If you know me, you know I shoot RAW 99% of the time.
There aren’t many cicumstances in which I’d choose to shoot JPEG, a lossy format, over RAW, a lossless file format. The only situation that comes readily to mind is when, during sports photography, you shoot in ‘burst’ mode, and don’t want your camera’s write buffer to fill up so quickly. In this case, you might prefer JPEG as it’d allow more shots with each burst before filling the buffer and forcing you to pause, possibly missing that critical moment when the left winger scores a touchdown in the fourth inning. (I don’t really watch sports.)
Why, you ask, do I prefer to fill up SD cards twice as quickly with larger RAW files? It’s simple. There’s an abundance of data in RAW which compressed files lack. Recoverable data. Did you blow the correct exposure by a stop? It’s okay, you shot RAW!
Possibly my favorite type of this stored data is color temperature- or white balance- information. It’s one of the easiest things to forget about in the heat of the moment, and one of the most critical elements of a successful photo. I don’t usually shoot with a grey card, or take the time to calibrate white balance other than selecting a WB preset based on my best educated guess. I rely on RAW to provide embedded information with which to correct any egregious color errors I made in-camera.
I’m going to cut the chatter and share some examples. These are white balance corrections in post (Lightroom 3) made possible by recoverable temperature data in RAW format. (Please disregard exposure disparities; I never claimed to always nail exposure on the first try.)
Before is on left/ After is on right:
As you can see, the main objective is to render the whites…well, white.
This can be done easily in Lightroom with the White Balance Selector (eye dropper) located in the WB section of the Basic panel in the Develop module. There’s a reason the white balance controls are at the top of the Basic panel- color balancing is that important.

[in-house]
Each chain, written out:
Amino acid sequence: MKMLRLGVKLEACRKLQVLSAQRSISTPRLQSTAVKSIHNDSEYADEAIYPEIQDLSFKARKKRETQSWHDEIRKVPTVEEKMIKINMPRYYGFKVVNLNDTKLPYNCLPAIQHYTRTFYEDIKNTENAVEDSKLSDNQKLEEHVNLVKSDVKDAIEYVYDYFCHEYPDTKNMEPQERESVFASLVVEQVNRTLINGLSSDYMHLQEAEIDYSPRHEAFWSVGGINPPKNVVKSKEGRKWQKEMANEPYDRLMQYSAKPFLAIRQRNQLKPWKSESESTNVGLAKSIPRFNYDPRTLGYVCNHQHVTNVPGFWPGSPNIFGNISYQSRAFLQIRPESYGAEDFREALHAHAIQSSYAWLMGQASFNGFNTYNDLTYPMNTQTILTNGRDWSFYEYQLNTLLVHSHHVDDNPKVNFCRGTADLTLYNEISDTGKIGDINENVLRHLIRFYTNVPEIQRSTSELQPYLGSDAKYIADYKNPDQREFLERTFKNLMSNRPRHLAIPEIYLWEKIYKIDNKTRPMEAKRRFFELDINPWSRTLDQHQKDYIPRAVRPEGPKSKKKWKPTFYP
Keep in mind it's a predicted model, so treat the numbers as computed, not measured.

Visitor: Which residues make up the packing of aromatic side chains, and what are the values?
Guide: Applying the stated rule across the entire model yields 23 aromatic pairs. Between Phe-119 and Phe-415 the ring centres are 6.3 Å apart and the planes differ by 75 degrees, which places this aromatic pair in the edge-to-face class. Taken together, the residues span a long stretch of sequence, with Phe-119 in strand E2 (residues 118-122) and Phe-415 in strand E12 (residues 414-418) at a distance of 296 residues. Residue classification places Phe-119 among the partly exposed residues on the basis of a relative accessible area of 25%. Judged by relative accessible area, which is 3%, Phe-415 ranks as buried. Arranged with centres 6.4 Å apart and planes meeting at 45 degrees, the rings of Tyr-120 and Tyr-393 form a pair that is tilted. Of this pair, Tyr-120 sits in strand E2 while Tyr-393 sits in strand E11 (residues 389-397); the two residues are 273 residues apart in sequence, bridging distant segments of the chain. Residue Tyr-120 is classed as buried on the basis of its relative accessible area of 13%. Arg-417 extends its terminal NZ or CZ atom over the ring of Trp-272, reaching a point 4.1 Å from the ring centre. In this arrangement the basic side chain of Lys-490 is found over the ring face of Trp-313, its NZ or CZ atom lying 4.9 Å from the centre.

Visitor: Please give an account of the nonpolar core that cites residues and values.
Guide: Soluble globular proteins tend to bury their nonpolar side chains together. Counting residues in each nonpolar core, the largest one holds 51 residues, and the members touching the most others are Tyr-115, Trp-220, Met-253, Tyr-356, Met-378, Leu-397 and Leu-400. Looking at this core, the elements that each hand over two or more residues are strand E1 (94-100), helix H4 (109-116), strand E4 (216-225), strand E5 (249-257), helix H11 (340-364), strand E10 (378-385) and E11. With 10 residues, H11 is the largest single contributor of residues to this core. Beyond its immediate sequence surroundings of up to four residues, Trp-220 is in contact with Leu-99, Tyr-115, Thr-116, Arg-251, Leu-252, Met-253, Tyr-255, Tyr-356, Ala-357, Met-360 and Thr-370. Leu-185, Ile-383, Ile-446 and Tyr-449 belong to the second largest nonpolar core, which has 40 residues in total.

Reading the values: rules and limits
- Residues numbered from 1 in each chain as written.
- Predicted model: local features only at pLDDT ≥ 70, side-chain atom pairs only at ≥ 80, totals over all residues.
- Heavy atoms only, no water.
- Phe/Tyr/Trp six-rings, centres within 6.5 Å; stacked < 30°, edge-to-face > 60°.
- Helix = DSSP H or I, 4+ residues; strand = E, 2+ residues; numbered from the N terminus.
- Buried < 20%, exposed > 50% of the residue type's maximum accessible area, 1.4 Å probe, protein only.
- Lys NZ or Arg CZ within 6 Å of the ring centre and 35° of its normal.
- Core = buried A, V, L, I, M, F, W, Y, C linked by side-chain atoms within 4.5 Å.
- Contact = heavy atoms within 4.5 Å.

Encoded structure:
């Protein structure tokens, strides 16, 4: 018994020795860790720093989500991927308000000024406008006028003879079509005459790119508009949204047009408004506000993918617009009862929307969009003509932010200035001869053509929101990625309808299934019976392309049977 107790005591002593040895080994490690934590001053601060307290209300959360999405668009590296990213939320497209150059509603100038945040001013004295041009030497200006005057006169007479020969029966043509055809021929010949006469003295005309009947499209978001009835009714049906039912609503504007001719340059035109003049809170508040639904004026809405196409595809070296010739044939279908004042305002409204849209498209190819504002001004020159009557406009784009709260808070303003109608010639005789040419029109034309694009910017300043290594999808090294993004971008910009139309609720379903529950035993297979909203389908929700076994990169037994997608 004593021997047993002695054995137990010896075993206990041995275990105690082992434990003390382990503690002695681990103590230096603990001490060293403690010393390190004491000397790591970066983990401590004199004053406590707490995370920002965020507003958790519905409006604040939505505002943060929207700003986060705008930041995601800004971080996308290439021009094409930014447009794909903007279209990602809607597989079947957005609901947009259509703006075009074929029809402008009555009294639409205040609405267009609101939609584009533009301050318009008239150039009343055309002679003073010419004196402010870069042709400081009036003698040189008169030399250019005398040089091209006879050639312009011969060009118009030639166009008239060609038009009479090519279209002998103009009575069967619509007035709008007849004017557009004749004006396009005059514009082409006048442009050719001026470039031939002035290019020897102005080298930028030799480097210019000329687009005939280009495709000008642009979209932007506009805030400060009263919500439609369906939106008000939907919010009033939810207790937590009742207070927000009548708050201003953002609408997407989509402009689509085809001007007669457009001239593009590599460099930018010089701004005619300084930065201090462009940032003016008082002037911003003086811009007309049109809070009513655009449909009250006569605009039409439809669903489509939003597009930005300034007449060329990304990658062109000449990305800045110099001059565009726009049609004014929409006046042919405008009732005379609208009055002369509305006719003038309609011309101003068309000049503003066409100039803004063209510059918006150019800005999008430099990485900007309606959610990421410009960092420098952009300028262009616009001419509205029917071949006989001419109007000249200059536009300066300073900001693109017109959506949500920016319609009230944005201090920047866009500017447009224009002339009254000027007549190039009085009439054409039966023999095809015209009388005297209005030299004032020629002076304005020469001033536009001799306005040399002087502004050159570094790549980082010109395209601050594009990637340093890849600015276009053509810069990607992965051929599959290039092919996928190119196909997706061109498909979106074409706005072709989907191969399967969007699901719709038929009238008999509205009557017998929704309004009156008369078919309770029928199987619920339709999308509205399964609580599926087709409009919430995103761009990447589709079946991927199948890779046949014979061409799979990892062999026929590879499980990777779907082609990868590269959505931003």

The idea is to select an area which is supposed to appear white or neutral grey; this lets the computer calculate the difference between true white/grey and your selection, and it can then adjust the overall white balance accordingly.
Alternatively, you can select one of Lightroom’s white balance presets in the drop-down menu; these mimic the settings found on most DSLRS. Or, you can custom balance the color yourself using the ‘Temp’ and ‘Tint’ sliders. The latter is what I normally end up doing to correct wonky color.
These next two photos demonstrate to what extent color information can be recovered when shooting RAW without compromising image quality:
Obviously, I had chosen a poor in-camera white balance preset, probably tungsten judging by the harsh blue color cast. Lighting conditions can change so rapidly that sometimes it’s all you can do to just wing-it and correct in post. Of course, that’s not to say that you shouldn’t try to get it right in-camera. The latter is preferable if time and the situation permit.
If you’re like me, you love seeing before/after photo comparisons. A few more, just for fun:
Correcting white balance in post is simple when dealing with RAW files, and can often save “muddy”-looking photos without compromising image quality.